Editor’s Note: Brenda Valentine, the "First Lady of Hunting" ™ - from Puryear, Tennessee, represents women in the outdoors for the (NWTF) National Wild Turkey Federation and co-hosts Bass Pro Shops' outdoor TV shows on the Outdoor Channel and the Sportsman Channel. She’s been a member of Bass Pro Shops National RedHead Pro Hunting team for 17 years, a Mossy Oak ProStaff member, a pro staffer for Hunter Safety Systems and Orca coolers and a past national archery champion.
After we got off the plane in Anchorage, Alaska, for a Dall sheep hunt, we took a charter flight into base camp. We unpacked and repacked all our gear and left base camp on horseback and traveled a couple of days. We got to the bottom of a mountain where we thought there should be some sheep. We’d already spent more than 1 week trying to get to a place to start hunting. Every morning we would get up and ride our horses to the top of the timberline or to where the terrain was so steep the horses couldn’t go any farther. Then we’d take our backpacks, spotting scopes, binoculars and bows with us, and the cameraman would take his camera. We’d climb and glass all day looking for sheep. We’d hike back down the mountain, often after dark. We were tired and worn-out. We’d eat a quick supper, go to sleep and start again the next morning before daylight. I never felt like I got enough rest – but that’s sheep hunting.
After 3 or 4 days, we rode our horses to another place and started looking all over again for sheep. Every step I took was a struggle, because where I live is mainly flat ground. Each day we went to the top of the mountains, hiking and looking for sheep. Every day I thought, “All I have to do is put one foot in front of the other one.”
Finally, on the last day of the hunt, we spotted some sheep on the opposite mountain from the mountain where we were hunting. Using the terrain to hide our movement, we crawled to the top of the mountain and peeped over the other side to see if the sheep were still there. When we could see them, they were still 1,000-yards away. Each step I took I was afraid I would start a rock slide or step on a rock that would scoot out from under me and cause me to fall. We kept creeping closer and closer. I realized I’d have to shoot from one mountain to another mountain across a wide-open air space. Then I thought, “If I shoot one of those rams, I don’t know how I’ll get over to the other mountain to recover it.” However, the outfitter assured me that if I shot a nice ram, we could go down the mountain we were on and ride to the backside of the mountain where the sheep would be, then climb up that mountain and recover my ram.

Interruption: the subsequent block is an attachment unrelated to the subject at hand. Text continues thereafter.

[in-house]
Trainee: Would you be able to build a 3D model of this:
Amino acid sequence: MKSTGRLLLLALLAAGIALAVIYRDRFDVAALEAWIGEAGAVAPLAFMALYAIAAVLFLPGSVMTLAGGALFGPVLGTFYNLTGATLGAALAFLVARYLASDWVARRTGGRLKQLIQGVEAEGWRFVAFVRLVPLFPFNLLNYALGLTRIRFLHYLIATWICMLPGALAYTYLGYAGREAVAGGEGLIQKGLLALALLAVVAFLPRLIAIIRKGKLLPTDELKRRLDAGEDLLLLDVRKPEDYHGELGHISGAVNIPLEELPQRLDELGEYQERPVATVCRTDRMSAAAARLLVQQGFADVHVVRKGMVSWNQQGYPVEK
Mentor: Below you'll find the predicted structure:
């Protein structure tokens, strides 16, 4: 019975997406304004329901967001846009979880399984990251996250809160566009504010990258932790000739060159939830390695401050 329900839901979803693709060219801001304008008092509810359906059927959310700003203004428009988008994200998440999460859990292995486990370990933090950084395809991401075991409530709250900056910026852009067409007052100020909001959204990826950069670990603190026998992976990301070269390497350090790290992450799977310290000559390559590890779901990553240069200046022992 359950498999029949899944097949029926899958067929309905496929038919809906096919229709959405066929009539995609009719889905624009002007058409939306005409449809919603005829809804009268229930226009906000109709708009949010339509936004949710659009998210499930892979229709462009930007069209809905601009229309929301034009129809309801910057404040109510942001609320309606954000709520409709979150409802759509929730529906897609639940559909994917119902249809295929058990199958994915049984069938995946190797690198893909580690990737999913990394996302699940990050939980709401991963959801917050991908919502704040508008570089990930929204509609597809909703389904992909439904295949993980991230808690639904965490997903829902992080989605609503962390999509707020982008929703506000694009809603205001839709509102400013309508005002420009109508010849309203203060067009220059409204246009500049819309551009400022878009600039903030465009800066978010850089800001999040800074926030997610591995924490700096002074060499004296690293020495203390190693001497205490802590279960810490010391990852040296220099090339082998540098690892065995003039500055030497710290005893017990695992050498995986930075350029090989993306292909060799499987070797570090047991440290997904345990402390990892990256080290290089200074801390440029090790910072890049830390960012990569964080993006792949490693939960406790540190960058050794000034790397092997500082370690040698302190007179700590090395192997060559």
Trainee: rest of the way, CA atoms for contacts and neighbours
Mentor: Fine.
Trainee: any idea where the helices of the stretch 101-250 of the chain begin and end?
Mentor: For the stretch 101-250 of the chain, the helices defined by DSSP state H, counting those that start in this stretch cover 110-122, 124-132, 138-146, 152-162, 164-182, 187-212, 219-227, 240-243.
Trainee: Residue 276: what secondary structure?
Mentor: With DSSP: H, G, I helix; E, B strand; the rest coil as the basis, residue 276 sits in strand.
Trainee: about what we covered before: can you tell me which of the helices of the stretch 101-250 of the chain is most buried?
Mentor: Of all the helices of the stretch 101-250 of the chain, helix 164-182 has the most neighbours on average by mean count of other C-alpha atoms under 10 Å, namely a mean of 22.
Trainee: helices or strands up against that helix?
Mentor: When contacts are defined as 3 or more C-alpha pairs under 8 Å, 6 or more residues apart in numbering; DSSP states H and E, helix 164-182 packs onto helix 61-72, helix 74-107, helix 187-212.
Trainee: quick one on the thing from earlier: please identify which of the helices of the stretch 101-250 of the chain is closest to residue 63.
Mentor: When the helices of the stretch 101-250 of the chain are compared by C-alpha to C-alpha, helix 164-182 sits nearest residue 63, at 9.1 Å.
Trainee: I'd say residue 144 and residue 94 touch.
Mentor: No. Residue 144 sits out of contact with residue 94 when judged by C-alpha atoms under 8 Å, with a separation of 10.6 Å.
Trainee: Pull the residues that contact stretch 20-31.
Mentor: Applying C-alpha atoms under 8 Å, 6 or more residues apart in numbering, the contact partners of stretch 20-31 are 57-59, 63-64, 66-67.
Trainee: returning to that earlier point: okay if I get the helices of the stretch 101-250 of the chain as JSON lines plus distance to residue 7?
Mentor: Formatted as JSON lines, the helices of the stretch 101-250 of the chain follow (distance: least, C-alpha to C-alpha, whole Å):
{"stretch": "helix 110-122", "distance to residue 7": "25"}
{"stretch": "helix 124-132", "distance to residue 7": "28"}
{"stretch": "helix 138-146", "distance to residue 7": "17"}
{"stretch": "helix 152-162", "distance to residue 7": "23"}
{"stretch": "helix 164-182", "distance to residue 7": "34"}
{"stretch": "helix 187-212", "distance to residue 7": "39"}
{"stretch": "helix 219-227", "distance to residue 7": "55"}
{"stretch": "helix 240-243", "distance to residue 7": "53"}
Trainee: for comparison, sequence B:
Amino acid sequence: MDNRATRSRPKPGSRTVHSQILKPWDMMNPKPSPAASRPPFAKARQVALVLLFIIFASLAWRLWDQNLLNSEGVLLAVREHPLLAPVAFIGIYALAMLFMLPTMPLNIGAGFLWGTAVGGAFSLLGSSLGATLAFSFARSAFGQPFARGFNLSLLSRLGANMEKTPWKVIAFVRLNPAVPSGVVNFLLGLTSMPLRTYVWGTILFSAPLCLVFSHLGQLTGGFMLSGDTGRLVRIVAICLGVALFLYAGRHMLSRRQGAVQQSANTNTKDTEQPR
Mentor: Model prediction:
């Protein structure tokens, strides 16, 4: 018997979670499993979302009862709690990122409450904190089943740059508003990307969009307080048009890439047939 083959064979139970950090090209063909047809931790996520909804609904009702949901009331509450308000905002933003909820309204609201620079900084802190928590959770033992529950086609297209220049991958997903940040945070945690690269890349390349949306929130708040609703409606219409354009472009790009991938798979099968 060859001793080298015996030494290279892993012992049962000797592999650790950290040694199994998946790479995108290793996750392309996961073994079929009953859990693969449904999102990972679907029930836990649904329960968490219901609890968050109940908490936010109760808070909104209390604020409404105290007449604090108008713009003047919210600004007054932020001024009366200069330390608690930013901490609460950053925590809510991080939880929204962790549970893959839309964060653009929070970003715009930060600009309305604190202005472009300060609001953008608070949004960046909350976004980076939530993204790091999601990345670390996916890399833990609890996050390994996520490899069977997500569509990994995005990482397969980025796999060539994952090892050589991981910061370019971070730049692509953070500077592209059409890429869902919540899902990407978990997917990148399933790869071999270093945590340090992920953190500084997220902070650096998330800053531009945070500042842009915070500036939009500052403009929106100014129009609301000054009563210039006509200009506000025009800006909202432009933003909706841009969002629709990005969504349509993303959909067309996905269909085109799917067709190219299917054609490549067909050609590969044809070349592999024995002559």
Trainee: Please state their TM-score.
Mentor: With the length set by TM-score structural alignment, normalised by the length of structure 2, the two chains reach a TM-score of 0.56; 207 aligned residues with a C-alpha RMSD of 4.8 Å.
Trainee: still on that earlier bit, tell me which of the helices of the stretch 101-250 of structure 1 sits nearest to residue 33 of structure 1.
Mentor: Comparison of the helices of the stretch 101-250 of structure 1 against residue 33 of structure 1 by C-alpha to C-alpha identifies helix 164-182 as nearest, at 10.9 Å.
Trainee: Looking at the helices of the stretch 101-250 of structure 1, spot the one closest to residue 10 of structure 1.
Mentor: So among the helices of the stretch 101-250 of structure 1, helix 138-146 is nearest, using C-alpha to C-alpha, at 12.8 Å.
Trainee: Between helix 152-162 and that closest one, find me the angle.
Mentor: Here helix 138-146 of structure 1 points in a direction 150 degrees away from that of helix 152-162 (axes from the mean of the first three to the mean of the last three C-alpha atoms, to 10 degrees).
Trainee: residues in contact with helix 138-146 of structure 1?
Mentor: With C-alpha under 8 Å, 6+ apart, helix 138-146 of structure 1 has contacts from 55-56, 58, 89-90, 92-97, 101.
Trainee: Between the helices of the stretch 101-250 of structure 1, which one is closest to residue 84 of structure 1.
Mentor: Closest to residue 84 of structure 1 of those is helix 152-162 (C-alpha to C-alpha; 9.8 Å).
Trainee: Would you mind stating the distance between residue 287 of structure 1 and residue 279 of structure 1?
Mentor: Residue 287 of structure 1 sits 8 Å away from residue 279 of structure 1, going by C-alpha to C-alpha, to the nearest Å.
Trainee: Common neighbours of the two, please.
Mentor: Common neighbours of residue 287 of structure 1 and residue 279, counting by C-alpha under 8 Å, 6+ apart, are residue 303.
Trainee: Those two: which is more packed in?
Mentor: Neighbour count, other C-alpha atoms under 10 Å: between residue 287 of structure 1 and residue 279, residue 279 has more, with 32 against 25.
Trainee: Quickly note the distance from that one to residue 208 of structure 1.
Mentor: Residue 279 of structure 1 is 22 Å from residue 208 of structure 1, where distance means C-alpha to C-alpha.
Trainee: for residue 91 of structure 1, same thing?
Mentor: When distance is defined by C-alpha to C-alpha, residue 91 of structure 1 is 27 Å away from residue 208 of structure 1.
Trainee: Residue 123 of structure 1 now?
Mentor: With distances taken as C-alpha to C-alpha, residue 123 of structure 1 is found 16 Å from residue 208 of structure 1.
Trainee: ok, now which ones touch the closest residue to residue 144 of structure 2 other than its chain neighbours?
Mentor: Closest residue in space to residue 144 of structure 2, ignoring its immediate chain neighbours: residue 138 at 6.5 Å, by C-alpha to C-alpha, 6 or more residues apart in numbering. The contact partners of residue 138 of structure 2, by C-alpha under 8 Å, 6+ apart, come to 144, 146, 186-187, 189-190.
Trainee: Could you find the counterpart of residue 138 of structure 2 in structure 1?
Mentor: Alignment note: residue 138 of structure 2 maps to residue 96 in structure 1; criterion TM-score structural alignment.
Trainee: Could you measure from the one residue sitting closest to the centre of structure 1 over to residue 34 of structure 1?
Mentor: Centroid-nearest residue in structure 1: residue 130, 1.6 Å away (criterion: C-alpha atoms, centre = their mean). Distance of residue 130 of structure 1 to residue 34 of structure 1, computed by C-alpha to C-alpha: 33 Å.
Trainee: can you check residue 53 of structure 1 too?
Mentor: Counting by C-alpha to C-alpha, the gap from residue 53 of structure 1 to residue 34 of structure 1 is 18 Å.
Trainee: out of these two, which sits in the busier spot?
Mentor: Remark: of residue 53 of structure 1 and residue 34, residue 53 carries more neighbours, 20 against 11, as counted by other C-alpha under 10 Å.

I had been crawling on my belly for several hours trying to get into position to take the shot. Both of my cameramen were right behind me. I knew I would have to take a 400-plus-yard shot to take my sheep with my rifle. I was trying to determine what effect the wind drift would have on the bullet once I squeezed the trigger. I knew that I only would have one shot to try and get this ram, and the wind was blowing like crazy. I had to count on my guide to pick-out the ram that would be a legal ram for me to take. Two or three times as I prepared to take the shot, just about the time I was reaching for my trigger, a big gust of wind would blow through and move my gun barrel. So, I wasn’t aiming where I should have been aiming. I would have to readjust to take the shot again. Two or three times I got ready to take the shot, and the rams moved. I kept thinking, “I’ve got to take the shot. I’ve got to take the shot.” Then something would happen, and I would know that I wasn’t supposed to take the shot right then.
Just as I was getting ready to take the shot, knowing I had to take one soon, I felt something hit me in the face. When I looked up, I saw what appeared to be a solid wall of white ice. That white cloud hit everybody in our party at the same time. Instantly, I couldn’t see the sheep. I could hardly see my cameraman. I felt like I had a white garbage bag over my head. I finally learned this was what a whiteout was like. A whiteout is when snow is falling so fast that you can’t see through the snow. The wind was blowing the snow in our face with such a strong force that it seemed like it almost would push you off the mountain. The guide hollered, “We’ve got to get out of here now, or we won’t get out.” Immediately, we tried to get off the mountain. Every time we took a step, we were stepping on slick rocks covered with ice and snow. I used my gun and my shooting sticks like they were crutches. We were all holding on to each other trying to keep from falling. After about 2 hours of fighting the whiteout, we finally reached our horses and rode back to base camp.
The whiteout lasted for about 2 days. All we could so was stay in our tent, eat and sleep. Finally, our guide told me, “Brenda, if you had shot that sheep on the other side of the mountain, we would’ve had to wait until next summer to go look for him. I’m really glad you didn’t take the shot.” However, we were able to make a TV show out of the hunt on “100 Percent Real Hunting TV” produced by Bass Pro Shops. This was one of the very few times that Bass Pro Shops showed an unsuccessful hunt. This hunt lasted for about 3 weeks, and I never was able to take an animal - but that’s real hunting. On television 99 times out of 100, you’ll see the host take an animal. But in truth not every hunt we go on produces the harvesting of an animal. I never did get to go back and hunt for a Dall sheep. Maybe I’ll go in the next couple years.
Check out Brenda Valentine at http://www.brendavalentine.com, or on Facebook at https://www.facebook.com/BrendaValentineFirstLadyOfHunting/info.